“It looks like a war zone”

A CAM staff member who flew over southern Haiti on Friday estimated that, in the worst area, “85 percent of houses are flattened, gone, scattered to the winds.” He said, “It looks like a war zone.” Tens of thousands of homes have been destroyed.

Now that the storm has calmed, Haitians are trying to pull themselves together and begin cleanup. One man said he was going to the woods to look for his goats. Many animals died in the hurricane, which is a huge loss to impoverished Haitians who depend on their livestock for future income.

In addition, their crops are destroyed. “Their corn that was about at tasseling point is gone — they can’t depend on that. Fruit is knocked off the trees,” said a CAM contact in Haiti. Food sources are completely wiped out. Because of these losses, survival will be even more difficult in coming months.

One report from our staff said that in some ways the effects of the hurricane are “worse than the 2010 earthquake.”

CAM is starting a large-scale crisis project. Initial emergency aid will include an air shipment of tarps and water purification tablets, as well as distribution of food, roofing materials, medical supplies, and seeds. Much of our response will focus on long-term recovery, including rebuilding and repairing houses. We hope to help people in the mountains who are often neglected and the last to receive aid.

Update previously posted: October 7, 2016

CAM assesses damages, responds to needs

Today a CAM team is flying over southern Haiti to assess the damages and accessibility to villages. We have also scheduled an air shipment of 1,800 tarps to be flown into Haiti early next week.

Hurricane Matthew Devastates Haiti!

About 2,500 food parcels are being filled and loaded onto sea containers, along with Bible story books. They will be shipped to Haiti as soon as possible. We are also working on a shipment of medicines and medical supplies.

At least 800 people have been confirmed dead since Hurricane Mathew struck, but the death toll continues to rise as officials gain access to villages that had been cut off from the rest of Haiti.

Yesterday our contacts came upon the remains of a village where only a few of the 75-100 houses were standing. All the villagers had gathered in a small school building with a concrete roof that was still intact. “Everything was flattened, trees were down, many cows and goats were killed,” the contacts reported. Just past the village, the road was completely blocked by a large landslide.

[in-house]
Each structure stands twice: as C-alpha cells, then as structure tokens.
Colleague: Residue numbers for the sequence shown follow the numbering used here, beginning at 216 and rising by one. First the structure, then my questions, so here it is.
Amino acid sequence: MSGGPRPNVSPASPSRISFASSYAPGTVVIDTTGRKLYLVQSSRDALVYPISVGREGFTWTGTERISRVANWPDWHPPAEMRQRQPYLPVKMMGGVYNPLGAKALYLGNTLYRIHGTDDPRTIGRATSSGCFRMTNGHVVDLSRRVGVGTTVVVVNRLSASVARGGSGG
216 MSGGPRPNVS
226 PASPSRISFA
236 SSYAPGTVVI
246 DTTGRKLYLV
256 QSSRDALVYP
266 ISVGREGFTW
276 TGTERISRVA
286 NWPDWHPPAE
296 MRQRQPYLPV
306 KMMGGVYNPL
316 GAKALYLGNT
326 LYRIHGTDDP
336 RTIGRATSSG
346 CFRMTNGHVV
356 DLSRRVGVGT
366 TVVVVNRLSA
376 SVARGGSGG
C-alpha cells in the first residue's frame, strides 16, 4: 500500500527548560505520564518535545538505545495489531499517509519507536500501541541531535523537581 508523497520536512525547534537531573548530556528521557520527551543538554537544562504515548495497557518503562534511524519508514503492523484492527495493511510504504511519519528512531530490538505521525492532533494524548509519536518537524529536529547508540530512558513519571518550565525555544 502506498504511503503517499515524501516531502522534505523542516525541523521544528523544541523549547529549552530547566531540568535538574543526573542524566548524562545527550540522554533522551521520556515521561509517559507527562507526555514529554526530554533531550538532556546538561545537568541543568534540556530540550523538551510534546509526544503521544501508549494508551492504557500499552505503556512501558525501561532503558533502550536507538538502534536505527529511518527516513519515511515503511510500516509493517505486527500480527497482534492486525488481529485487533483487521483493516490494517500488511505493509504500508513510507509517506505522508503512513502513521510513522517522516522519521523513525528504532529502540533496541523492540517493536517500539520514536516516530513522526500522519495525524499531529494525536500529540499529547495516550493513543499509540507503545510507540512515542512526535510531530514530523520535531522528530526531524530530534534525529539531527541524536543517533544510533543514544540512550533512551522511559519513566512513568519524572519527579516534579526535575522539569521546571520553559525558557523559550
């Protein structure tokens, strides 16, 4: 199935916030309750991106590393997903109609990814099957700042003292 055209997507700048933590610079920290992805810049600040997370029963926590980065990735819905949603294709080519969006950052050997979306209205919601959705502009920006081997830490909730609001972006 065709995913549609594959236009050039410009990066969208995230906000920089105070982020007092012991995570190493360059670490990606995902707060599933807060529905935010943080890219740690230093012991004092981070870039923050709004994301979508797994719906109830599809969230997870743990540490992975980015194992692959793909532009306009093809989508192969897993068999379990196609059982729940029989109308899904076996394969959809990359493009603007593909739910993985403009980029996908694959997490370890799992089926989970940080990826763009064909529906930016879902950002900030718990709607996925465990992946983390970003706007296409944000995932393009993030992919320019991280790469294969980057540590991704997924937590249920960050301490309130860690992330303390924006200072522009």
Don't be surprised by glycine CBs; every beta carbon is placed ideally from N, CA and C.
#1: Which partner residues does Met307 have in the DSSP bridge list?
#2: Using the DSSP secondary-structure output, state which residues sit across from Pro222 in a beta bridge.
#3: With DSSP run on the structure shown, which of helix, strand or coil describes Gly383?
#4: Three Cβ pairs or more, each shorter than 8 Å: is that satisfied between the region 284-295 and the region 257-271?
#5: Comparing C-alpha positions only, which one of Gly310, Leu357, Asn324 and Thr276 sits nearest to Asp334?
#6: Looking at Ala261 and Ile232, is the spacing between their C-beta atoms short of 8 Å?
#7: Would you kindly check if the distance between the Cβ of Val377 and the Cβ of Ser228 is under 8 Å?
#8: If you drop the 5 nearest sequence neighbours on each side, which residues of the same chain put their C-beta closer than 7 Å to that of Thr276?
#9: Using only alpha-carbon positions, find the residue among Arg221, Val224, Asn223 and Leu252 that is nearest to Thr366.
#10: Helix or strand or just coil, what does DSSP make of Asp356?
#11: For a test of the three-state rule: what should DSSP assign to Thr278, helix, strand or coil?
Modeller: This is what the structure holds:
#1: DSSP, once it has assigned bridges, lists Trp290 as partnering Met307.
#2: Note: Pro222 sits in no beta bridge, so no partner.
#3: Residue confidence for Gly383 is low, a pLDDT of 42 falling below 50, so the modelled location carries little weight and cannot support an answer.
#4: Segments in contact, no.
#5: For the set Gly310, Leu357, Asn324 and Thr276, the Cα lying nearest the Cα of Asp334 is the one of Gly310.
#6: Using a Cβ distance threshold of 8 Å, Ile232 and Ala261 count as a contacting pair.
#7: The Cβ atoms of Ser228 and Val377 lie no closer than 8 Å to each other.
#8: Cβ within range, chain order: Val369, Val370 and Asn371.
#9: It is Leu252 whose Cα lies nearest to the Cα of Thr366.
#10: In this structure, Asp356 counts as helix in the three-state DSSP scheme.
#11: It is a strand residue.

Immediate, urgent needs include clean water, food, tarps, road accessibility, and medical care. Please continue to pray for the emergency workers in Haiti and for the Haitians who face overwhelming losses and devastation.

Update previously posted: October 5, 2016 | 12:45 PM 

Hurricane Matthew, a category 4 storm, made landfall in Haiti early Tuesday morning, hammering the island with heavy rain, powerful winds, and dangerous storm surges. The storm has ripped off roofs, destroyed homes, and flooded whole villages. Thousands are seeking emergency shelter while many others in remote areas remain vulnerable to life-threatening flash floods and mudslides.

“I’m afraid that many will lose their lives, because once their huts are blown away they will be totally unprotected,” said a CAM staff member from Haiti. Houses made of sticks and mud are no match for the 145 mph winds that have twisted off full grown trees and wreaked havoc in the southwestern part of the country.

CAM is in contact with our base and other missions in Haiti to keep tabs on the situation. One person from a heavily affected area was able to contact our staff during the storm and said the hurricane was “absolutely destroying southern Haiti.”

Our stateside staff members are communicating with our Haiti staff to prepare for what could be a large-scale crisis project. A container of aid that had been prepared for another country where CAM operates is being redirected to Haiti for hurricane victims. Initial emergency aid will include roofing, food, hygiene kits, water, and possibly an air shipment of medical supplies.

The future looks grim for the many impoverished Haitians who lost all they had in the storm. On top of their immediate emergency needs, they face the dread of deadly cholera and mosquito-borne diseases after the storm clears.

Please pray for Haitians who are suffering from Hurricane Matthew and for our staff members as they investigate needs and distribute emergency aid. If you wish to help hurricane victims, your gift will be a blessing.